[Taxacom] What can Global Biodiversity Information Facility (GBIF) do for you?

Stephen Thorpe stephen_thorpe at yahoo.co.nz
Tue Oct 15 14:48:29 CDT 2013

I would be interested in hearing from people, not so much what they would like from GBIF, but what they expect. In what ways do people think that GBIF can be useful? What sorts of questions do people think it might help to answer? Is it driven by user needs, or is it just a self-perpetuating white elephant?

From: Roderic Page <r.page at bio.gla.ac.uk>
To: TAXACOM taxacom <taxacom at mailman.nhm.ku.edu> 
Sent: Wednesday, 16 October 2013 1:21 AM
Subject: [Taxacom] What can Global Biodiversity Information Facility (GBIF) do for you?

I've recently been appointed Chair of the Science Committee of the Global Biodiversity Information Facility (GBIF) http://www.gbif.org/[1]. The committee is a small group of people with a range of backgrounds, and one of our roles is to advise GBIF on matters scientific (e.g., what kinds of data GBIF should collect?, what kinds of scientific questions should GBIF help answer?, etc.).

There have been formal surveys (see the papers in the journal "Biodiversity Informatics" https://journals.ku.edu/index.php/jbi/issue/view/370/showToc), meetings, and a "vision" statement (the "Global Biodiversity Informatics Outlook, http://www.biodiversityinformatics.org/). But there's always the chance that these fora may miss some points of view, so I'm keen to get feedback on what sort of things GBIF could do to improve the way it can help people tackle the scientific questions they are interested in.

For example, is there some fundamental limitation that GBIF has that prevents it being useful to you? Is there some feature/data type/geographic coverage/etc. that could be addressed that would make it more useful? Is there a role that GBIF should take on that it hasn't done so? A useful analogy might be to think of the central role GenBank plays in genomics, both as a place to archive your data (sequences), a repository of other people's data that you can access, and a research tool (e.g., BLAST searches to locate similar sequences). Is that the sort of thing you'd want from GBIF, or is it something entirely different?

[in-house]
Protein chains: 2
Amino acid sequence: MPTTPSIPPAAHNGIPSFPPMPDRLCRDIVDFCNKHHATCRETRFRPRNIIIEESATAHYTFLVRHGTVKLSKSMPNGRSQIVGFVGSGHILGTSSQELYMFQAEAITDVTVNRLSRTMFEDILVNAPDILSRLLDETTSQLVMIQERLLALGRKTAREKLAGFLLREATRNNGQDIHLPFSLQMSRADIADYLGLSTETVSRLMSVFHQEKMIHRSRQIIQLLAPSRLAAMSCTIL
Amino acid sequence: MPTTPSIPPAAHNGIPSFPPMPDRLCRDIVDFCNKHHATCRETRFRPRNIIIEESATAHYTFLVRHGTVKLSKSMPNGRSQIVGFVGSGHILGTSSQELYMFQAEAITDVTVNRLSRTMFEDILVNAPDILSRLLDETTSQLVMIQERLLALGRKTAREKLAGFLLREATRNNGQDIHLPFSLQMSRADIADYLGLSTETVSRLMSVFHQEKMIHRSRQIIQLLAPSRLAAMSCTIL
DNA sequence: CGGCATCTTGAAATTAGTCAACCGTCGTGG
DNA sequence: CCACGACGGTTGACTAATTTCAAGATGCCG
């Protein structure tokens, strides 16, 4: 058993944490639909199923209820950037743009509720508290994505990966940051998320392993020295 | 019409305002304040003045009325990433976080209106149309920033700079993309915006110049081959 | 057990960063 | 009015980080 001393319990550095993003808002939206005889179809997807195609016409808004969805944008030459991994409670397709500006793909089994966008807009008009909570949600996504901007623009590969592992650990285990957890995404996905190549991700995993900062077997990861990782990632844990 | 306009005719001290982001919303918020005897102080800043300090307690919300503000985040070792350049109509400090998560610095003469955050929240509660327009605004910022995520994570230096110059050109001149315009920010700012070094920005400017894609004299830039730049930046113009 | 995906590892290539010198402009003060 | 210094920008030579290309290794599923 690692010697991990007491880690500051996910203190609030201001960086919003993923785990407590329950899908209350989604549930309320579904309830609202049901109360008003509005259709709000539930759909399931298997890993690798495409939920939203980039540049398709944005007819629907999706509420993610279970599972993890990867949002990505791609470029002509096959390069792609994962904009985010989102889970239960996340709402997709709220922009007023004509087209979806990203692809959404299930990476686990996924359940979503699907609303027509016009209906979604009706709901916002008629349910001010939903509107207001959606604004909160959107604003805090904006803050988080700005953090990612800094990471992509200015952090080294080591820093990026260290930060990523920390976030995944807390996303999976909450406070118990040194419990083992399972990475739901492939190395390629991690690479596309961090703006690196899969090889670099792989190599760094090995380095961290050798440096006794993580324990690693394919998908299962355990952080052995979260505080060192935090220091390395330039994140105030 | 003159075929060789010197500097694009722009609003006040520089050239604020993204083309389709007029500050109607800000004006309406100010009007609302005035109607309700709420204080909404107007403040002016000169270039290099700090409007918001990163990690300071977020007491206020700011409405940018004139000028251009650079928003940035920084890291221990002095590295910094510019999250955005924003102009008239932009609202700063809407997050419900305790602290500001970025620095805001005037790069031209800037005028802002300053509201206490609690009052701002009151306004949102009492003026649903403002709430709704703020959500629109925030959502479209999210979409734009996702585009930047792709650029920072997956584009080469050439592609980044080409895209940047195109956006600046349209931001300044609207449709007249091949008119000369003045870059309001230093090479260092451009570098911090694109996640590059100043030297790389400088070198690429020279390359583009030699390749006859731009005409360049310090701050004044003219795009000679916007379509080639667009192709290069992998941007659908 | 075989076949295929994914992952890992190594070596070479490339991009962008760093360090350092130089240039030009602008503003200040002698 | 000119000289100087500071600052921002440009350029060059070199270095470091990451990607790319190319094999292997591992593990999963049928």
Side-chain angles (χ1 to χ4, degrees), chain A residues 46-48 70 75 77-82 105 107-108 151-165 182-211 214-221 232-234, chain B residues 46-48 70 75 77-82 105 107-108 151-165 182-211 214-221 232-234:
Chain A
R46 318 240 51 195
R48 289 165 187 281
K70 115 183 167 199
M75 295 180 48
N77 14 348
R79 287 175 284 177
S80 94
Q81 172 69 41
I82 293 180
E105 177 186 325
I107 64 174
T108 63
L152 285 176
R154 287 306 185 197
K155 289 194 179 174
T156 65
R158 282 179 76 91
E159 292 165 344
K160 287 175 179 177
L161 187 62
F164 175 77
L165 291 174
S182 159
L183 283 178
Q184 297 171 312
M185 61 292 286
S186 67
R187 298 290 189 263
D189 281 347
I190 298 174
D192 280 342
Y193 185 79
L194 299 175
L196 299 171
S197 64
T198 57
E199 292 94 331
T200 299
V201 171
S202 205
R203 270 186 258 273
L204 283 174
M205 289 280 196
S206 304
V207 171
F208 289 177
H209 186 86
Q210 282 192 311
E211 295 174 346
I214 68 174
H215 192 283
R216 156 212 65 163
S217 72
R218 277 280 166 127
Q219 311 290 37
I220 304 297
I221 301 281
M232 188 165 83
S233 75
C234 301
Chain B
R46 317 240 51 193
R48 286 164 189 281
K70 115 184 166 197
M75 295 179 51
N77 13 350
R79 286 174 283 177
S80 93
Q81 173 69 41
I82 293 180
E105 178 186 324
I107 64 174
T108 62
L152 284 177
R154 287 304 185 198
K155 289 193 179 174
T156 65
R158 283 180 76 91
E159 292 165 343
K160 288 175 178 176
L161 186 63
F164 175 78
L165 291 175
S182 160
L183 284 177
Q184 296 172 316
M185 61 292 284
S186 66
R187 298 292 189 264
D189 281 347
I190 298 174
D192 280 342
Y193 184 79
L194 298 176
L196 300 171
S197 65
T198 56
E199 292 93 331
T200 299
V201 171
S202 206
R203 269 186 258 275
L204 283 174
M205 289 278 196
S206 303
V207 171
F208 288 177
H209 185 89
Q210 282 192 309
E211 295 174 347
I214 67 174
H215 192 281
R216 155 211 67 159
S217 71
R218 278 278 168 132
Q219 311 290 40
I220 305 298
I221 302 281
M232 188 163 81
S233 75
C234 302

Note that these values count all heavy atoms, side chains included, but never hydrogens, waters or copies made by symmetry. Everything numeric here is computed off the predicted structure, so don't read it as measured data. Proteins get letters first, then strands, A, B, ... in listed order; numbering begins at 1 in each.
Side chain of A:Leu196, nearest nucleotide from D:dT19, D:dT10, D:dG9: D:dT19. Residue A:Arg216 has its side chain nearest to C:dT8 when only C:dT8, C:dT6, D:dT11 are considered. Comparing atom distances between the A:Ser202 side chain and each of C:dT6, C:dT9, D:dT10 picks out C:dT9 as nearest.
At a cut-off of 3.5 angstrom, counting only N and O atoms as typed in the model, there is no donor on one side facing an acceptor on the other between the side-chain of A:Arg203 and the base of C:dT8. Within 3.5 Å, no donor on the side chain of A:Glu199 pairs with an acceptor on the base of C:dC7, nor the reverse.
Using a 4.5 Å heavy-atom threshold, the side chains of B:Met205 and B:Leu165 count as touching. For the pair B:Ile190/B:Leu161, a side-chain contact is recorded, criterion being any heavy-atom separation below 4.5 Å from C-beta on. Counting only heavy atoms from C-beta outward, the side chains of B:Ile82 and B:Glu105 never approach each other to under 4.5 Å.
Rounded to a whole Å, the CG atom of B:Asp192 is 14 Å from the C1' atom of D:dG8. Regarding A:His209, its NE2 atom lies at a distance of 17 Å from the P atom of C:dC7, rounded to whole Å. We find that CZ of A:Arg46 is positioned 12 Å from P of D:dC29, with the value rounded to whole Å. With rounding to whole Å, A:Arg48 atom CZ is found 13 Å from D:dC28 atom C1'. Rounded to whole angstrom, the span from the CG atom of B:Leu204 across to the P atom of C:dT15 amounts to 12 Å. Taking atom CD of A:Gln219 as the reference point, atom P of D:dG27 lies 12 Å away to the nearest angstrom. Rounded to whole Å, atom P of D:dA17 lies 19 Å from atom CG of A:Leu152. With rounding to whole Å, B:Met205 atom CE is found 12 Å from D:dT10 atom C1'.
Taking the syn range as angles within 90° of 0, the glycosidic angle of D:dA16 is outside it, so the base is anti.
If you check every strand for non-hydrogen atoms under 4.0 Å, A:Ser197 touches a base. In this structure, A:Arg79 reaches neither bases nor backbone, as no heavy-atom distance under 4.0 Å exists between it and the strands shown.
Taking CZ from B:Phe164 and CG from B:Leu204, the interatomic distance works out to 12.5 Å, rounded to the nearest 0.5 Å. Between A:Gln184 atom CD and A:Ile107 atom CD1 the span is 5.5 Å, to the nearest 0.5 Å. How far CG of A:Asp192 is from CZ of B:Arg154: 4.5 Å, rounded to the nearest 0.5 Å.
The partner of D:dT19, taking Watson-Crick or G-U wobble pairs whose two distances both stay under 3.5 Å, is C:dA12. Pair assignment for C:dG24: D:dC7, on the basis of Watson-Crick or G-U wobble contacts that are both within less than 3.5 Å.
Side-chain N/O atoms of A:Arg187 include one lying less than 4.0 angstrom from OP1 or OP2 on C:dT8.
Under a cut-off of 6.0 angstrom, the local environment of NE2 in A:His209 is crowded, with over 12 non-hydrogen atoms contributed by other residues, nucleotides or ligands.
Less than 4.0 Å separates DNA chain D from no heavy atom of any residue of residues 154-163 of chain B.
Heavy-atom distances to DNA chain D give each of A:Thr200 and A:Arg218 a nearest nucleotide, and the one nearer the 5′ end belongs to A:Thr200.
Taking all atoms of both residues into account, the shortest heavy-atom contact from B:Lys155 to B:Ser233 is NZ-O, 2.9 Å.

I'd welcome any comments, suggestions, views, etc. You can reply to me directly, or to this email list (if it allows discussions). I've also posted this request on my blog, so you can comment there if you like.

I should stress that this is simply me trying to calibrate my perception of GBIF's role with what others think. Also, note if you have specific comments on things such as the GBIF web site please use the feedback tab on the site (that way it will reach the people who can do something about it).

[1] For those unfamiliar with GBIF, its mission "is to make the world's biodiversity data freely and openly available via the Internet". At present the bulk of the data are observations of organisms (mostly multicellular eukaryotes, i.e., animals, plants and fungi) based on either museum collections or observations of living organisms. You can get an idea of the kind of science that uses GBIF-hosted data from this list of papers on Mendeley http://www.mendeley.com/groups/1068301/gbif-public-library/

Roderic Page
Professor of Taxonomy
Institute of Biodiversity, Animal Health and Comparative Medicine
College of Medical, Veterinary and Life Sciences
Graham Kerr Building
University of Glasgow
Glasgow G12 8QQ, UK

Email:         r.page at bio.gla.ac.uk
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